(e) fractionating the bottoms liquid recovered from said second absorption zone in a fractionation zone to recover overhead gas comprising carbon monoxide and bottoms liquid comprising methane;
(f) recirculating at least part of the bottoms liquid recovered from the fractionation zone to the first absorption zone as the methane wash liquid therefor;
(g) sensing the flow rate of the feed gas mixture introduced to the first absorption zone;
(h) converting the feed gas flow rate sensing into a transmittable signal; and
(i) adjusting the flow rate of the methane wash liquid recirculated to the first absorption zone by means of the transmittable signal to maintain a predetermined ratio of the flow rate of the recirculated methane wash liquid to the flow rate of the feed gas mixture introduced to the first absorption zone.
26. A process for the separation of a feed gas mixture containing hydrogen, carbon monoxide and methane comprising the steps of:
(a) first partial cooling the feed gas mixture to condense a first feed liquid fraction therefrom;
(b) separating the first feed liquid fraction from the uncondensed first partial cooled feed gas mixture;
(c) throttling the separated first feed liquid fraction to a lower pressure level;
(d) second partial cooling the uncondensed first partial cooled feed gas mixture to condense a second feed liquid fraction from the uncondensed second partial cooled feed gas mixture;
(e) throttling the separated second feed liquid fraction to said lower pressure level of step (c);
(f) joining the throttled second feed liquid fraction with the throttled first feed liquid fraction to form a combined feed liquid;
(g) warming the combined feed liquid for partial vaporization thereof by heat exchange with the uncondensed first partial cooled feed gas mixture for the second partial cooling of the latter;
(h) separating the vapor portion of the partially vaporized combined feed liquid from the liquid portion thereof;
(i) joining the separated vapor portion of step (h) with the feed gas mixture for said first partial cooling of the feed gas mixture in step (a);
(j) countercurrently contacting the uncondensed second partial cooled feed gas mixture of step (d) with a methane wash liquid in a first absorption zone to recover hydrogen gas as overhead and bottoms liquid comprising methane, carbon monoxide and residual hydrogen;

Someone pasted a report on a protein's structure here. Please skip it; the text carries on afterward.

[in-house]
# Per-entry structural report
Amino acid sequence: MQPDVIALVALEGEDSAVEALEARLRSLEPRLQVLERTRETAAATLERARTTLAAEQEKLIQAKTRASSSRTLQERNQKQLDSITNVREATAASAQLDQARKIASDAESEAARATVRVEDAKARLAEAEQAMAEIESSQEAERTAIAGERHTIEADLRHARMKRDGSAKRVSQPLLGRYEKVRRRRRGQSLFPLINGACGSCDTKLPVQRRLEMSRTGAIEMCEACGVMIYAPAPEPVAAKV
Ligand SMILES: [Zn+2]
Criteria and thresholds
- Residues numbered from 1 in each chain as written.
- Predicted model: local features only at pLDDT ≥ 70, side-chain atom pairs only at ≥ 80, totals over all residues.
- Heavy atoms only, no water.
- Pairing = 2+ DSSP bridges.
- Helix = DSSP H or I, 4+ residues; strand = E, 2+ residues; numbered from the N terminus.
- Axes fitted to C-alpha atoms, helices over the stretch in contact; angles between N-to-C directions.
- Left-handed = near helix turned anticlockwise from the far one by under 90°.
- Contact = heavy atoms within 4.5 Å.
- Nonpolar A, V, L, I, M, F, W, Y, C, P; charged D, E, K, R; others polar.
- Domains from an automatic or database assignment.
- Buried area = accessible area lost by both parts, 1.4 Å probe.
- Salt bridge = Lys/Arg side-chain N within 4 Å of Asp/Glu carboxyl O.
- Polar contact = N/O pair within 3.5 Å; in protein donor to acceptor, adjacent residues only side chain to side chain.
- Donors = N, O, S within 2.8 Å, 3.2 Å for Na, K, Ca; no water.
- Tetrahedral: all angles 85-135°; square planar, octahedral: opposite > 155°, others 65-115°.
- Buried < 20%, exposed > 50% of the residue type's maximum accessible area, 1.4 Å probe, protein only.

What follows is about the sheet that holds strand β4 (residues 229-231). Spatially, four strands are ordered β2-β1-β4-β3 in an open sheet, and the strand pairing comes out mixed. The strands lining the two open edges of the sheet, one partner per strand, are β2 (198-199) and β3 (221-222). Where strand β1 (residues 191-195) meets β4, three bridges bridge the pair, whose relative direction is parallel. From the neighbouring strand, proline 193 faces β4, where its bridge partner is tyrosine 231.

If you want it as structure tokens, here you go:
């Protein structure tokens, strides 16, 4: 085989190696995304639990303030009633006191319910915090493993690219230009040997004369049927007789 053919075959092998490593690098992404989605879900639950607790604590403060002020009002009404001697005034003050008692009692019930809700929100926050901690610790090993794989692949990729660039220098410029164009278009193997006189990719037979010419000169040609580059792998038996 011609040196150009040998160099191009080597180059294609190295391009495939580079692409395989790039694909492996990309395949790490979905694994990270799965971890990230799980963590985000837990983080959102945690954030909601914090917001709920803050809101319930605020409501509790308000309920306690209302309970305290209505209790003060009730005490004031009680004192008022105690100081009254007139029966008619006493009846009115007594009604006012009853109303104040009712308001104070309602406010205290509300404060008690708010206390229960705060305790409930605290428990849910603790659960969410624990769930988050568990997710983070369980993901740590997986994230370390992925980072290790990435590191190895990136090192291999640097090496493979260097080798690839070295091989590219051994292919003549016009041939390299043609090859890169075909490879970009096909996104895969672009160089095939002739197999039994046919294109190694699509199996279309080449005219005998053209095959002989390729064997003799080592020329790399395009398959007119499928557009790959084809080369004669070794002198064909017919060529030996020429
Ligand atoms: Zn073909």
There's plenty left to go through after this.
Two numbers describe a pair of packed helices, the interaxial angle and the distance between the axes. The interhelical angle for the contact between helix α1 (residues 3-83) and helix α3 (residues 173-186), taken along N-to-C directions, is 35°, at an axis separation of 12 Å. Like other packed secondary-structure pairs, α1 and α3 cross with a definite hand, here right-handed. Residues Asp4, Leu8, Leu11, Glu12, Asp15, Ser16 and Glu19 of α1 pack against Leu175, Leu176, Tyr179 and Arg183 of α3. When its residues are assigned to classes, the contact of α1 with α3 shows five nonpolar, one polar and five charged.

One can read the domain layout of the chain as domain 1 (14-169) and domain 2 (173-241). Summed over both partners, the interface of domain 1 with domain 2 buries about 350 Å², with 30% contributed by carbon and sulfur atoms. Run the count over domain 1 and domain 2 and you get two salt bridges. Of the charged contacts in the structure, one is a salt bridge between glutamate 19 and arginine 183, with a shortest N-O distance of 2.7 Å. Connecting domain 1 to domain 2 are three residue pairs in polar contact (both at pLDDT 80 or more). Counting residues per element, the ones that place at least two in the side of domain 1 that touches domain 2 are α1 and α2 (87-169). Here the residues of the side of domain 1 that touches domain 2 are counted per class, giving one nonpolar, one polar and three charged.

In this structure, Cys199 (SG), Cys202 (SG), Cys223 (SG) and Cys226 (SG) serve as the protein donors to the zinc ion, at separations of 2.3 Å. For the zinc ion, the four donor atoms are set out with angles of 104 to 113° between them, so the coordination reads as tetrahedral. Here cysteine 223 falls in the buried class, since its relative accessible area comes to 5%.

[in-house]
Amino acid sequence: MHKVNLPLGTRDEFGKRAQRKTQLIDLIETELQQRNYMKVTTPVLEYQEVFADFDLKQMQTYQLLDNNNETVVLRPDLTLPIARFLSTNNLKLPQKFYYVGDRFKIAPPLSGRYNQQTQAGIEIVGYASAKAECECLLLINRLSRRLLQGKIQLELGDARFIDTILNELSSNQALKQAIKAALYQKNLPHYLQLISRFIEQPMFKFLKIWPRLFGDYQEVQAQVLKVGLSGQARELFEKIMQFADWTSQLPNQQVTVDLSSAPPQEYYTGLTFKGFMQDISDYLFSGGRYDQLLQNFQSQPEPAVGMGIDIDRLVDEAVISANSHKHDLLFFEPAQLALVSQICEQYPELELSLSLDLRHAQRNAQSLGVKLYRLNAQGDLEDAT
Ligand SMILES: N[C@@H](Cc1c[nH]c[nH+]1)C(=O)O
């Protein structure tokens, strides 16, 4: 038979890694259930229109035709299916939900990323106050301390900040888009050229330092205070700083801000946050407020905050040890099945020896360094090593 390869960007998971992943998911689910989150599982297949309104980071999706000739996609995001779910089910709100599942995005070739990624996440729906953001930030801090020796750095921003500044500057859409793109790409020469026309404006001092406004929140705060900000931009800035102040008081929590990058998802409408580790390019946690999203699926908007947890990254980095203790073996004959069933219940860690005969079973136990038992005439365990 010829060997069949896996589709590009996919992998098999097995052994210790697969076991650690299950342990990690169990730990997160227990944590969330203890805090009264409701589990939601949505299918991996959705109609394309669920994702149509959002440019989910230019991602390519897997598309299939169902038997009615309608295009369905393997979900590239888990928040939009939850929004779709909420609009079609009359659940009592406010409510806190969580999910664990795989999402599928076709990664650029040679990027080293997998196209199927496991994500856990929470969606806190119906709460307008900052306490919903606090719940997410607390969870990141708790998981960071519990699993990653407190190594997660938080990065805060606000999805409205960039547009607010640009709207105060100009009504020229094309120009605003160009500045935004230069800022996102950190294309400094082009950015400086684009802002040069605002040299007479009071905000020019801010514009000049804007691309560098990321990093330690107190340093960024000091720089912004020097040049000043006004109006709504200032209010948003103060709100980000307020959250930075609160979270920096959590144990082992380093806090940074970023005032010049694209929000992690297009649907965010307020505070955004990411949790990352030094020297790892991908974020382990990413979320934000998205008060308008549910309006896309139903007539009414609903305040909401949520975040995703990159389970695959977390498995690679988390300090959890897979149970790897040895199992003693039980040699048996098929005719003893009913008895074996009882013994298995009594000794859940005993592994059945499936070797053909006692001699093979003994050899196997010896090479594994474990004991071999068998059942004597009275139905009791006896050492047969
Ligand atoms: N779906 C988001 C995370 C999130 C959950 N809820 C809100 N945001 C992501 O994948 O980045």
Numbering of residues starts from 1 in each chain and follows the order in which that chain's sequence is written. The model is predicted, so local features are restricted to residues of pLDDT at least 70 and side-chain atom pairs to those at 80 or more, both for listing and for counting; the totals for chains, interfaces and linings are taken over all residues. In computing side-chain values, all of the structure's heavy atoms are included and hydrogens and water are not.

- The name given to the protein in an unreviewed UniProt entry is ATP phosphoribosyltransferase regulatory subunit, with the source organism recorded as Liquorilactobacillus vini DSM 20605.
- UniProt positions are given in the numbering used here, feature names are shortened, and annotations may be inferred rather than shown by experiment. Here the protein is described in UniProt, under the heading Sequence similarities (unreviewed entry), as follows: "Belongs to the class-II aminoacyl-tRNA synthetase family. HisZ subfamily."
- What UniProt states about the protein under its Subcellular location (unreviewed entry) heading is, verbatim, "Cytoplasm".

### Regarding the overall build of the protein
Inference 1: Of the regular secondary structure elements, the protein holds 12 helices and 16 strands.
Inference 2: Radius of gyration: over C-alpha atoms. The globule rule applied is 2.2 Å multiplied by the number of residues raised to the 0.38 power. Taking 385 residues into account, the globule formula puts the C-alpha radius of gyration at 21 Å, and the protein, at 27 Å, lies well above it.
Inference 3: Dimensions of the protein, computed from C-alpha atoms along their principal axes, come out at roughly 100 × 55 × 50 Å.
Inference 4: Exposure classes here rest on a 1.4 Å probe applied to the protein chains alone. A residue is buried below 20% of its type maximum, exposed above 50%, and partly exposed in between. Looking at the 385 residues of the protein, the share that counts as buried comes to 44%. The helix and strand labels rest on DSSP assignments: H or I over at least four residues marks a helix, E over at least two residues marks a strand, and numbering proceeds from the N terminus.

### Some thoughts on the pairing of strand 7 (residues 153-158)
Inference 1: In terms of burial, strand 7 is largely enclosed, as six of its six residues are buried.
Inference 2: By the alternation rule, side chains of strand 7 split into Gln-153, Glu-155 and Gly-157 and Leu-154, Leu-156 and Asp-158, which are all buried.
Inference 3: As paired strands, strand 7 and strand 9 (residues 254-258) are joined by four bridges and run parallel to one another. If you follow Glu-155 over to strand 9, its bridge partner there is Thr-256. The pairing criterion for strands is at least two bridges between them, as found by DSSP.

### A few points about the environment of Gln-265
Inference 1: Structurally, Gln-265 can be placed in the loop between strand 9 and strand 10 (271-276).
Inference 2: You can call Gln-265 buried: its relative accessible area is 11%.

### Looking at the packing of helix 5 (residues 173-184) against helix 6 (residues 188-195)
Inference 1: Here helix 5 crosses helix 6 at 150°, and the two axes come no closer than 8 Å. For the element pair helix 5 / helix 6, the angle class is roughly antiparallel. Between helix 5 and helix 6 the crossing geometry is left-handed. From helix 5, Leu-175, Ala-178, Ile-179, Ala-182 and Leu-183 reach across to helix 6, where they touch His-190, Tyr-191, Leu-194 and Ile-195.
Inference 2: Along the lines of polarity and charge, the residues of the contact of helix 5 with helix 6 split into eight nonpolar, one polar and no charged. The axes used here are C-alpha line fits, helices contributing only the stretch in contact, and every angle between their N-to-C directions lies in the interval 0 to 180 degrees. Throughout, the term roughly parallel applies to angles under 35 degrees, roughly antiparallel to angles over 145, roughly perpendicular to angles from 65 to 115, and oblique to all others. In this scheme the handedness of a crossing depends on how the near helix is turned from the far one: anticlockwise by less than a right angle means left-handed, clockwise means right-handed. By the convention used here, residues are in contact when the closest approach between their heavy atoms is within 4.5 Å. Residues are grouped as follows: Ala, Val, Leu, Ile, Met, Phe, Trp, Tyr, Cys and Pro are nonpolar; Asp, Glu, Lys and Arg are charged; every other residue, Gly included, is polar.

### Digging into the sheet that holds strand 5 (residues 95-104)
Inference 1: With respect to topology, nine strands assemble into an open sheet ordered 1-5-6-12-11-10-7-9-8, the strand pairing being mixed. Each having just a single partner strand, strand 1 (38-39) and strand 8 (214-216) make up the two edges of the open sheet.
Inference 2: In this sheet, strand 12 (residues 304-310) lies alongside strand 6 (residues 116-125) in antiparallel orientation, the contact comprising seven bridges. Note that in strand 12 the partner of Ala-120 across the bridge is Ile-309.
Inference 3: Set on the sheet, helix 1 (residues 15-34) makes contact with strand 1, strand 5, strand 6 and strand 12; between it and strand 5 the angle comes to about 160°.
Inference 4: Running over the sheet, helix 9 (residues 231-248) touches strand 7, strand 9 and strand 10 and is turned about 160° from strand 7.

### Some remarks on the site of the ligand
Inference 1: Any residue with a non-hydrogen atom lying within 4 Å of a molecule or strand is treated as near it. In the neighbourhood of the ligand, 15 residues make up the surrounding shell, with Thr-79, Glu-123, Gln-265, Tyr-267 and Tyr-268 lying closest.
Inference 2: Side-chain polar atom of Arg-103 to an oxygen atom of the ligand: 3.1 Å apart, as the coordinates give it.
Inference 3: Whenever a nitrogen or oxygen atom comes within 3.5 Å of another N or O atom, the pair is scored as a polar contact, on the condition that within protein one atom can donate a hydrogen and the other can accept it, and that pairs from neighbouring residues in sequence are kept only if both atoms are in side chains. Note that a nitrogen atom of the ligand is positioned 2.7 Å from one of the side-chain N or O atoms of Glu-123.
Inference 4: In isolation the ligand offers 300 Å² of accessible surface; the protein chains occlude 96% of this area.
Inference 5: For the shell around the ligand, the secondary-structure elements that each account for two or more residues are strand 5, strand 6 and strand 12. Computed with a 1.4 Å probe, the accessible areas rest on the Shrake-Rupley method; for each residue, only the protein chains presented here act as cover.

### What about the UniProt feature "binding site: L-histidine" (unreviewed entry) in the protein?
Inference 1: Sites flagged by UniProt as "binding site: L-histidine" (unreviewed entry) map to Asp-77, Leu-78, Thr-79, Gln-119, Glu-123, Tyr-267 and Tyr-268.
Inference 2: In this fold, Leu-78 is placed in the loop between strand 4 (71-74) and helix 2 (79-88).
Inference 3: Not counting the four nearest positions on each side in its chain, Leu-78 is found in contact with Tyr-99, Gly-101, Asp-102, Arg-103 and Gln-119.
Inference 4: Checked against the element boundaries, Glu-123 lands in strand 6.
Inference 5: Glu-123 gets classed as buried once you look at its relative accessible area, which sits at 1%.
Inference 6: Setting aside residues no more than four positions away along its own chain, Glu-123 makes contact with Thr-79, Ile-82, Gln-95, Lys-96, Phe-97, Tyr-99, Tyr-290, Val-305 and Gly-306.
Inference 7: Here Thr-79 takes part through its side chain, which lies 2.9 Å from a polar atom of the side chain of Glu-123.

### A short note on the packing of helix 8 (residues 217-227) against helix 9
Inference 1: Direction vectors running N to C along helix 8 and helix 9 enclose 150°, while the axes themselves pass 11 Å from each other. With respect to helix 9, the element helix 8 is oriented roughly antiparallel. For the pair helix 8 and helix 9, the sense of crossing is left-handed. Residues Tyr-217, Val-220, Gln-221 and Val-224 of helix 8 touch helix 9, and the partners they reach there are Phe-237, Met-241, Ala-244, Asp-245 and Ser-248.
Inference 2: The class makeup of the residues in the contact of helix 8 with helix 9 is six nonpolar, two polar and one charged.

(k) throttling the bottoms liquid from the first absorption zone to lower pressure;
(l) countercurrently contacting the throttled bottoms liquid of step (k) with hydrogen rich vapor in a second absorption zone for absorption of carbon monoxide from the hydrogen rich vapor by the throttled bottoms liquid therein to recover residual hydrogen gas as overhead and bottoms liquid enriched in carbon monoxide, and warming second absorption zone bottoms liquid to vaporize a gaseous fraction thereof containing hydrogen and carbon monoxide, as said hydrogen rich vapor for said second absorption zone;
(m) fractionating the bottoms liquid recovered from said second adsorption zone in a fractionation zone to recover overhead gas comprising carbon monoxide and bottoms liquid comprising methane;
(n) passing the liquid portion separated from the partially vaporized combined feed liquid in step (h), comprising substantially pure carbon monoxide, to the fractionation zone in step (m) for enhancement of the purity of carbon monoxide in the overhead gas recovered therefrom; and
(o) recirculating at least part of the bottoms liquid recovered from the fractionation zone to the first absorption zone as the methane wash liquid therefor.
27. A process according to claim 26 wherein the uncondensed first partial cooled feed gas mixture contains at least 15 mol % carbon monoxide.
28. A process for the separation of a feed gas mixture containing hydrogen, carbon monoxide and methane comprising the steps of:
(a) providing the feed gas mixture at a pressure of at least 200 psia;
(b) partial cooling the feed gas mixture to condense a feed liquid fraction therefrom;
(c) separating the feed liquid fraction from the uncondensed partial cooled feed gas mixture;
(d) work expanding the separated uncondensed partial cooled feed gas mixture to lower pressure to form cooled feed gas mixture;
(e) countercurrently contacting the cooled feed gas mixture with a methane wash liquid in a first absorption zone to recover hydrogen gas as overhead and bottoms liquid comprising methane, carbon monoxide and residual hydrogen;
(f) throttling the bottoms liquid from the first absorption zone to lower pressure;
(g) joining the separated feed liquid fraction of step (c) with the throttled first absorption zone bottoms liquid to form a liquid mixture;
(h) countercurrently contacting the liquid mixture of step (g) with hydrogen rich vapor in a second absorption zone for absorption of carbon monoxide from the hydrogen rich vapor by the liquid mixture therein to recover residual hydrogen gas as overhead and bottoms liquid enriched in carbon monoxide, and warming second absorption zone bottoms liquid to vaporize a gaseous fraction therefrom containing hydrogen and carbon monoxide, as said hydrogen rich vapor for said second absorption zone;
(i) fractionating the bottoms liquid recovered from said second absorption zone in a fractionation zone to recover overhead gas comprising carbon monoxide and bottoms liquid comprising methane; and